Net neutrality is a big issue and one that is worth paying attention to even if you are not a ‘techie’. It is not my intention to discuss it here, but rather discuss another piece of media that got me to this issue and to a place of thinking that privacy and eHealth are an impossible pair.

How did I get there? The inspiration came from Mitch Joel’s Twist Image podcast, Six Pixels of Separation. If you’ve never listened to it before, it is well worth an hour to drop in** and hear someone who is quite articulate about social media issues explore in a casual, but engaging way the social mediasphere. The last episode (#215), was particularly good. Actually, scary might be a better term. Why? In one hour, Joel and his guests discussed, over sushi, a range of issues that, for me, cemented the fact that eHealth and privacy will never coexist. Ever.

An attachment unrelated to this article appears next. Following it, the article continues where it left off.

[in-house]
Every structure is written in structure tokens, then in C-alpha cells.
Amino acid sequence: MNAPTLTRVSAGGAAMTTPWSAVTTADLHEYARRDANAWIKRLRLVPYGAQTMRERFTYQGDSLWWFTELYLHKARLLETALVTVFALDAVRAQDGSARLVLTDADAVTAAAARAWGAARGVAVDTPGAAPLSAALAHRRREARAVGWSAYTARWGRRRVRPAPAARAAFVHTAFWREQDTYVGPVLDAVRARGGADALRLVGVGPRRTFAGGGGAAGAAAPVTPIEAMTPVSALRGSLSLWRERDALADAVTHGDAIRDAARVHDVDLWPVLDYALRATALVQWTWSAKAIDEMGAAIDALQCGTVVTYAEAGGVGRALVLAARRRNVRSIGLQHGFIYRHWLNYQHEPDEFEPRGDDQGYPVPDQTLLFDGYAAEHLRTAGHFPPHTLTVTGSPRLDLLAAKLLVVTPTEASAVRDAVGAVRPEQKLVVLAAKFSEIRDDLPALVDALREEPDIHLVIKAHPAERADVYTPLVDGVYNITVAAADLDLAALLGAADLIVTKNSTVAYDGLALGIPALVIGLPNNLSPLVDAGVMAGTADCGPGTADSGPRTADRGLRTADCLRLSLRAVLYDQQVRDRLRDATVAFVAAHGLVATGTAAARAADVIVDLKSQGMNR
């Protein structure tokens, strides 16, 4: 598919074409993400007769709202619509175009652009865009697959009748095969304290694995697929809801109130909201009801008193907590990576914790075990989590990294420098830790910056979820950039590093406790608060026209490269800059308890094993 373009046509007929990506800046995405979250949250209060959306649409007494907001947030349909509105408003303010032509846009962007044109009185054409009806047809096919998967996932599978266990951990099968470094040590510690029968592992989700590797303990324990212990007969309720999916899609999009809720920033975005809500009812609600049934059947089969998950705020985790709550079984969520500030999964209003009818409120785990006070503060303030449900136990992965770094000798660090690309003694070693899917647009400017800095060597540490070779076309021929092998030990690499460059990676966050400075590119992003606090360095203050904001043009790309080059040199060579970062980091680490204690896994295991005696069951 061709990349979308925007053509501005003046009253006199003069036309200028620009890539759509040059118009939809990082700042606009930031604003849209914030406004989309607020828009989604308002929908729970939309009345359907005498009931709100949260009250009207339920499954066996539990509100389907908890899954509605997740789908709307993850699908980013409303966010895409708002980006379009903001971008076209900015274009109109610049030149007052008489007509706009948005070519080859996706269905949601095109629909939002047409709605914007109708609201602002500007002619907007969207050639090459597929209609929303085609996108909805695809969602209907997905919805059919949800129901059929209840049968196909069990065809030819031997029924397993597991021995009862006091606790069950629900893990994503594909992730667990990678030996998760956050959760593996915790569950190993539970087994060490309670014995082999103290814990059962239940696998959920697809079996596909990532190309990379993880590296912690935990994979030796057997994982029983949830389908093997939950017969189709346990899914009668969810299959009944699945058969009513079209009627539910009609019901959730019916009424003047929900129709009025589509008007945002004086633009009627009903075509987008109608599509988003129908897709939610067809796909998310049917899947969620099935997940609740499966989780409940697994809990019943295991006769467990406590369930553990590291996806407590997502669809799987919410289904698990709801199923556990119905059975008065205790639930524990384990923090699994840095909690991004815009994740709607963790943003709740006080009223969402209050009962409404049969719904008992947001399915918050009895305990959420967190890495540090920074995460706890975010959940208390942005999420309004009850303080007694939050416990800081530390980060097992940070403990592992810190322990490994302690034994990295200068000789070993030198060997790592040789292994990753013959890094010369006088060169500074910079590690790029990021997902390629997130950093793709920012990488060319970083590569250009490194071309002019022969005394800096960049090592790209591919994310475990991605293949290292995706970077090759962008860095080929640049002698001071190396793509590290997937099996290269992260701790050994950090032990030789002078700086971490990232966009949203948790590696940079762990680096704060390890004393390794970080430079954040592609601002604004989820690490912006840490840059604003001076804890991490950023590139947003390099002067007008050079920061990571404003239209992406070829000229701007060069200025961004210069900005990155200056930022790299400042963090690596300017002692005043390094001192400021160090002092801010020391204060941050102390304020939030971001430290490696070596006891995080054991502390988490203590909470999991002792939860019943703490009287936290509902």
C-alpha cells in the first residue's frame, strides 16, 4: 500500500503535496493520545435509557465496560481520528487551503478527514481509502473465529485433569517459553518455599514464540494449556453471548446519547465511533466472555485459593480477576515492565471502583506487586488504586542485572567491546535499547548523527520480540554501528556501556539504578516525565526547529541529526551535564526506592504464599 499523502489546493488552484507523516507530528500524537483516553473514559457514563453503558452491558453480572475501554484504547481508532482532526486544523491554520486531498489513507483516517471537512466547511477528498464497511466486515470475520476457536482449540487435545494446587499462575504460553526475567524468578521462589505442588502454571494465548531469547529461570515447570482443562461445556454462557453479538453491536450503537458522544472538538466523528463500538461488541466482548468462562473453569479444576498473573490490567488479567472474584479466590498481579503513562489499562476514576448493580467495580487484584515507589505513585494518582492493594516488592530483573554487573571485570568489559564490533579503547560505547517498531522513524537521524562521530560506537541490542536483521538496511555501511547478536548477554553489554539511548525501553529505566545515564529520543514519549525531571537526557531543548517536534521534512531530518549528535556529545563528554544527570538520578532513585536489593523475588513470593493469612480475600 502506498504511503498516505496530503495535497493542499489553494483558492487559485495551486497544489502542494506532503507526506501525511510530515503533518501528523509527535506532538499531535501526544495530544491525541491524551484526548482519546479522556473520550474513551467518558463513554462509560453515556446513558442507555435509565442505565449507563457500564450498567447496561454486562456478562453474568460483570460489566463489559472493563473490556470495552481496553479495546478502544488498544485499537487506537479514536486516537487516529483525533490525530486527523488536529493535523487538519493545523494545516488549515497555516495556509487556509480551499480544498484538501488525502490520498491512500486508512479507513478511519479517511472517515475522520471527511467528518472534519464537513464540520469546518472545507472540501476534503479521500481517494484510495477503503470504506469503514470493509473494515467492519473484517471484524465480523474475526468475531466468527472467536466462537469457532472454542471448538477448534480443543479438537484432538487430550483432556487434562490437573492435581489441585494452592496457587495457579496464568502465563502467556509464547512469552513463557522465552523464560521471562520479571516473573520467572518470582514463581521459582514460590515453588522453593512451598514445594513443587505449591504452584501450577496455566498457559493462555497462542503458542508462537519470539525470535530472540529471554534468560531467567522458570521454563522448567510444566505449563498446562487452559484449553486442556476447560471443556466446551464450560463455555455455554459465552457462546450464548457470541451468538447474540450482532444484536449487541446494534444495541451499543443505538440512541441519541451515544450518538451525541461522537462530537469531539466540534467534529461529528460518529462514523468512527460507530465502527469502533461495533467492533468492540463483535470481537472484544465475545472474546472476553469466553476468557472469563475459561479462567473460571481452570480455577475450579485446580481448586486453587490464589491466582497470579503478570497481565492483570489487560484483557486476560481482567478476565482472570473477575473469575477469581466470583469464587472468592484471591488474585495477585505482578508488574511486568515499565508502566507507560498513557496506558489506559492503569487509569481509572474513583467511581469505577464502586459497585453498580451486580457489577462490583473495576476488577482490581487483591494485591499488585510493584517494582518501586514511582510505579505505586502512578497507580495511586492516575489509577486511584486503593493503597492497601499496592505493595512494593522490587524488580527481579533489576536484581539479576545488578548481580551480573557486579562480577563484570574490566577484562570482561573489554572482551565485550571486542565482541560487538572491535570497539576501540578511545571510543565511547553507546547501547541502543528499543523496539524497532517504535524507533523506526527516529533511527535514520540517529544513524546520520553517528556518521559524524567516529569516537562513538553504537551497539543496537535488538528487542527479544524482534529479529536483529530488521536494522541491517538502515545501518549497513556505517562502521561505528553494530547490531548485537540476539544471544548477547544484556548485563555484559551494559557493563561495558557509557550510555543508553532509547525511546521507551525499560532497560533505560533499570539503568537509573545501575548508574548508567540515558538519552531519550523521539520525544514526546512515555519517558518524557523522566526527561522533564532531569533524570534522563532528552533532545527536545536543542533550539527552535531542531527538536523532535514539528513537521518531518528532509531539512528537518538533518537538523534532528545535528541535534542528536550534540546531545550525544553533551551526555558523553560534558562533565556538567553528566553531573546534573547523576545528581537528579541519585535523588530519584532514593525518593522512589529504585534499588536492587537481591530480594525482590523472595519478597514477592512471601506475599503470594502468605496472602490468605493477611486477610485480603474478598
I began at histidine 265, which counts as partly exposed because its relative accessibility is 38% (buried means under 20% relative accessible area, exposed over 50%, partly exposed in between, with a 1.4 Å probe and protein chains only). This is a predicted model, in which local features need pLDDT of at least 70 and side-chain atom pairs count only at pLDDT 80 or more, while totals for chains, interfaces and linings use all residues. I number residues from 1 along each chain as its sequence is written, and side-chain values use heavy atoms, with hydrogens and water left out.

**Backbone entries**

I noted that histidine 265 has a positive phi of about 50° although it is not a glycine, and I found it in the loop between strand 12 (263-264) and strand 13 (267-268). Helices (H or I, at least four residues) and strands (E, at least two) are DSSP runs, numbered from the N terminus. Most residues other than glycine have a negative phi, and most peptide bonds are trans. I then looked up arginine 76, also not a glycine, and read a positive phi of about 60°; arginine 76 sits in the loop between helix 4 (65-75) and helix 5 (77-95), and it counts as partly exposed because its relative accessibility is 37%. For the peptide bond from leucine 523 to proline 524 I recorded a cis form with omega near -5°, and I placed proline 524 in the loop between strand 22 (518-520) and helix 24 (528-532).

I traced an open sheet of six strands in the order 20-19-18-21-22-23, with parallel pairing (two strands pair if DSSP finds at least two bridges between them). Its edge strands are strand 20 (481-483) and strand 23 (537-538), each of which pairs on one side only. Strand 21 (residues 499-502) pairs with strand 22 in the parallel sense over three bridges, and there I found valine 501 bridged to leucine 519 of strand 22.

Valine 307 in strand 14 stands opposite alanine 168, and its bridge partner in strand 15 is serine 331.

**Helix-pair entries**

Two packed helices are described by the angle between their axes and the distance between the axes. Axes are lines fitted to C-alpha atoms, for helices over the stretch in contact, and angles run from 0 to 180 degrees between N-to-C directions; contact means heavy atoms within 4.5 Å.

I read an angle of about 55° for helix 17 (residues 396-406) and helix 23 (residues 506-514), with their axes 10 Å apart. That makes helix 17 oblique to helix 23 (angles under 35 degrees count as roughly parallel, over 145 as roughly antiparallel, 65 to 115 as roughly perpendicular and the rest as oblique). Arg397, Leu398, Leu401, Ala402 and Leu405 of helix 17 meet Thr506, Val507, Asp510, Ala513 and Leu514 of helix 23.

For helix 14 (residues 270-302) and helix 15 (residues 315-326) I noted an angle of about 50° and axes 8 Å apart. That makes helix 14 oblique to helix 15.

They did this without actually using the term eHealth or mHealth (mobile health), but for those of you in this area of work you’ll immediately know why I came to this conclusion. Interestingly, none of the issues that they covered were new to me (aside from the Google-Verizon one). But I had never heard them all discussed in the same narrative in a manner that got me to imagine the future in the way I did when I listened to it. What it did was showcase the already loose controls we have on our “regular” online data, stored in website host servers and ISP provider databases and how these already poor provisions are nothing compared to wireless data, where our data providers and devices give up every little piece of information about us every time we engage in this “other” Internet — the one that has Verizon and Google so interested in controlling/influencing.